by Barry Maher
When you book a speaker, it’s their job to deliver the best possible presentation for your attendees. But a good meeting planner can make that job easier, more difficult or very close to impossible. Here are eight simple ways to help speakers give you the most for your money, whether they want to or not.
1. Hire Carefully. This seems self-evident. But speakers are frequently asked to conduct sessions far outside their expertise. Seasoned speakers turn those jobs down; those that don’t work regularly can find the temptation harder to resist. And we’ve all seen speakers who embarrass themselves and their meeting planners by revealing from the platform how little they actually know about the business of those in the audience. Just because someone is the self proclaimed “World’s Greatest Authority on Selling in a Small Business Environment” doesn’t mean they know anything about the problems your distributors face marketing marshmallows to mini-marts. And the person who actually is the World’s Greatest Authority on the subject may also be the World’s Greatest Bore. Ask questions. Many questions. Try to see an actual presentation or at least watch a demo video. Discuss the speaker’s experiences with similar groups. Check references.
2. Be specific. Before you make a commitment, work with the speaker to set specific goals for the session. Explain how those goals mesh with your goals for the other speakers and for entire meeting or conference. If all is ask for is “a bit of content, a bit of motivation, a few laughs,” don’t be surprised when you get a presentation that looks like a refugee from some other conference and leaves attendees wondering “Why on Earth were we listening to that?”
3. Help the speaker customize. Answer the speaker’s pre-program questionnaire as fully as possible. And don’t wait until a week before the event to return it. Include newsletters and any other material that will provide insight into your organization, its members, your terminology and your business in general. Make attendees available for the speaker to talk to in advance, and be available yourself. Whenever possible, have the speaker arrive early and mingle. The better the presenter knows your group, the better the presentation will meet your needs.
4. Get Feedback. Before the session, insist the speaker get very specific about just how he or she is going to meet the goals you’ve set. If you get someone who seems not to have been listening or seems too busy or too important to be bothered or just doesn’t quite seem on target, don’t be afraid to hold some toes to a little heat: up to and including a transcript or a phone preview of their planned performance. Speakers will tell you that you aren’t paying all that money for a brief presentation, you’re paying for all the preparation that went into it. Make sure you get it. A speaker who can’t deliver the goods beforehand to a single supportive meeting planner has no chance at all in front of today’s skeptical attendees. And a preview also allows you to help with further customization.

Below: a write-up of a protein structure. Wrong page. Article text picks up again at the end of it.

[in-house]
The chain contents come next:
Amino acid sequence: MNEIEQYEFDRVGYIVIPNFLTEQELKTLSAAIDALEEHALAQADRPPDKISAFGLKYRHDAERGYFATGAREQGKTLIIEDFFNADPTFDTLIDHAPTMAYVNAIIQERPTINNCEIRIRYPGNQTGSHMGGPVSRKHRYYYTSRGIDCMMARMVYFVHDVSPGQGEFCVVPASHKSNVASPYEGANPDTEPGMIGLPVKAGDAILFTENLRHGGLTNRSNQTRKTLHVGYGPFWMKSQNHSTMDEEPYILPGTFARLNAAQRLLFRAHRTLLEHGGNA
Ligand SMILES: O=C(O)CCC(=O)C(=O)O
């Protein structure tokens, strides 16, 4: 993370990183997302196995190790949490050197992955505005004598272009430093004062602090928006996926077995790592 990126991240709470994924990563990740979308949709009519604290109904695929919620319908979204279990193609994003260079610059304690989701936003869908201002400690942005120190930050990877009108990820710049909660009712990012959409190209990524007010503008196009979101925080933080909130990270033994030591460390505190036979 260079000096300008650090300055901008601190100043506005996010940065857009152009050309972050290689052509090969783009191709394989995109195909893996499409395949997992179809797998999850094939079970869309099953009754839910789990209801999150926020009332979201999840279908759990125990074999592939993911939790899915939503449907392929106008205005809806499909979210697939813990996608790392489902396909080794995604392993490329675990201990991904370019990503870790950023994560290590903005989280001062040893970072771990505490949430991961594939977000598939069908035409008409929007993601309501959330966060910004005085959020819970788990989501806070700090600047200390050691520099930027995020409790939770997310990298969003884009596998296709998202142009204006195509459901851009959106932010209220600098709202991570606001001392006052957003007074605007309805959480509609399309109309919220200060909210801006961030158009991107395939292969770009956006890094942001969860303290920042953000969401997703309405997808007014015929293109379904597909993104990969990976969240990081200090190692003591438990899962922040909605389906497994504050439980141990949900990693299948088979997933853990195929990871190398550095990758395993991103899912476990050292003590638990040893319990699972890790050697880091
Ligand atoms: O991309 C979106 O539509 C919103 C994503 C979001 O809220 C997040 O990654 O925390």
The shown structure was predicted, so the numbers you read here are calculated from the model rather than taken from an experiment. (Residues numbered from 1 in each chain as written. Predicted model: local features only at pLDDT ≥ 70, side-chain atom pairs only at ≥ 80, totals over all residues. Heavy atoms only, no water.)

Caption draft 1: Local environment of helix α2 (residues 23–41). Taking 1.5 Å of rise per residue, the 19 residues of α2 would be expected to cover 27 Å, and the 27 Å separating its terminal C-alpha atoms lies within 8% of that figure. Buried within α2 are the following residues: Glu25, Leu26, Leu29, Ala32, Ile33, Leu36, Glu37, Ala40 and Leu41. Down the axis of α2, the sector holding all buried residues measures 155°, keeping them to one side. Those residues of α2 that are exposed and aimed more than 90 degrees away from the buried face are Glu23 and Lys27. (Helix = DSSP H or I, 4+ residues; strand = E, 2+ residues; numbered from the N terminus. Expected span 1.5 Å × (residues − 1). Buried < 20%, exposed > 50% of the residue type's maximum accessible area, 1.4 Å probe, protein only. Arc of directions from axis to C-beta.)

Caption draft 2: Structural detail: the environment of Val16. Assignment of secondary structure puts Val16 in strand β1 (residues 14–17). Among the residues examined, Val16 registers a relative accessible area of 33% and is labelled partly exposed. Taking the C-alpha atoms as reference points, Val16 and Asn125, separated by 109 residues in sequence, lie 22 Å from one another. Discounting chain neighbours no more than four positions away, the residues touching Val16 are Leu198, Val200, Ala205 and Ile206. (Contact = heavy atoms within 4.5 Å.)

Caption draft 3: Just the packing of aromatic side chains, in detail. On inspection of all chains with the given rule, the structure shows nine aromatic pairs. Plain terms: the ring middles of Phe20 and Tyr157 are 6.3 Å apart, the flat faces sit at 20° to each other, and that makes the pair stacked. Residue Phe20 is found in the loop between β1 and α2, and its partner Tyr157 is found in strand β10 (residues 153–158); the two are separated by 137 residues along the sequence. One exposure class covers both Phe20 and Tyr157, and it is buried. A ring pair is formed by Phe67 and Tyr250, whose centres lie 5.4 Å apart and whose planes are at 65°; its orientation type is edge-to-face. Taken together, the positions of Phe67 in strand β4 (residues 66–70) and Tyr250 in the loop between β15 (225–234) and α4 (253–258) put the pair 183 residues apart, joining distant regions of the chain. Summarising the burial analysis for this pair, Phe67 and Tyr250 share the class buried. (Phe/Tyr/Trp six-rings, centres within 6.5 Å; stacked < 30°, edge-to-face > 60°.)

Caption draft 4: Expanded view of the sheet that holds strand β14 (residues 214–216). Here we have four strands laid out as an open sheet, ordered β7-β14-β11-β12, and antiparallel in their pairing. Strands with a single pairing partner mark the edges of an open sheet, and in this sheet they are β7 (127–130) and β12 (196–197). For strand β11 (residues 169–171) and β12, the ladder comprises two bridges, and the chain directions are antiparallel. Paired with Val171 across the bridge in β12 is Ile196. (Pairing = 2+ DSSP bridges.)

5. Promote Them Properly. How you present the speakers in your promotional material has everything to do with how attendees perceive them. These are your stars. Building their star power turns a meeting into an event. Just avoid over promising, setting them up for failure. Whenever possible, make it part of the deal that your stars attend receptions and other collateral events and give your attendees a chance to rub elbows.
6. Avoid Last Second Changes. But if you have to make them, try to rely on your professional speakers to make the changes, not the amateurs. When you have to say, “Cut 15 minutes from your keynote” as the speaker walks up onto stage, the pro should deliver a seamless performance and walk off on time. The amateur panics, cuts in places that kill the presentation and might well comment from the platform on the forced cuts. A client once discovered that all their competition was attending the public part of a training session they’d hired me to do. Right before I walked out, the CEO asked me to “talk about nothing for the first three hours and move all the content to the afternoon session.” I did. The people at the morning session were entertained. None of them even commented on the lack of substance.
7. Make the Room Work. You know the drill. What’s the plan when the speaker gets to the room and the set up isn’t right? For the pros it won’t be a problem. For the amateurs it could be a disaster. Whenever possible, it’s not a bad idea to require the speaker to sign off on the room at a set time before the presentation.
8. Evaluate the Performance. Providing a feedback form and discovering what worked and what didn’t work is not as easy as making the same mistakes year after year, it’s just a whole lot cheaper.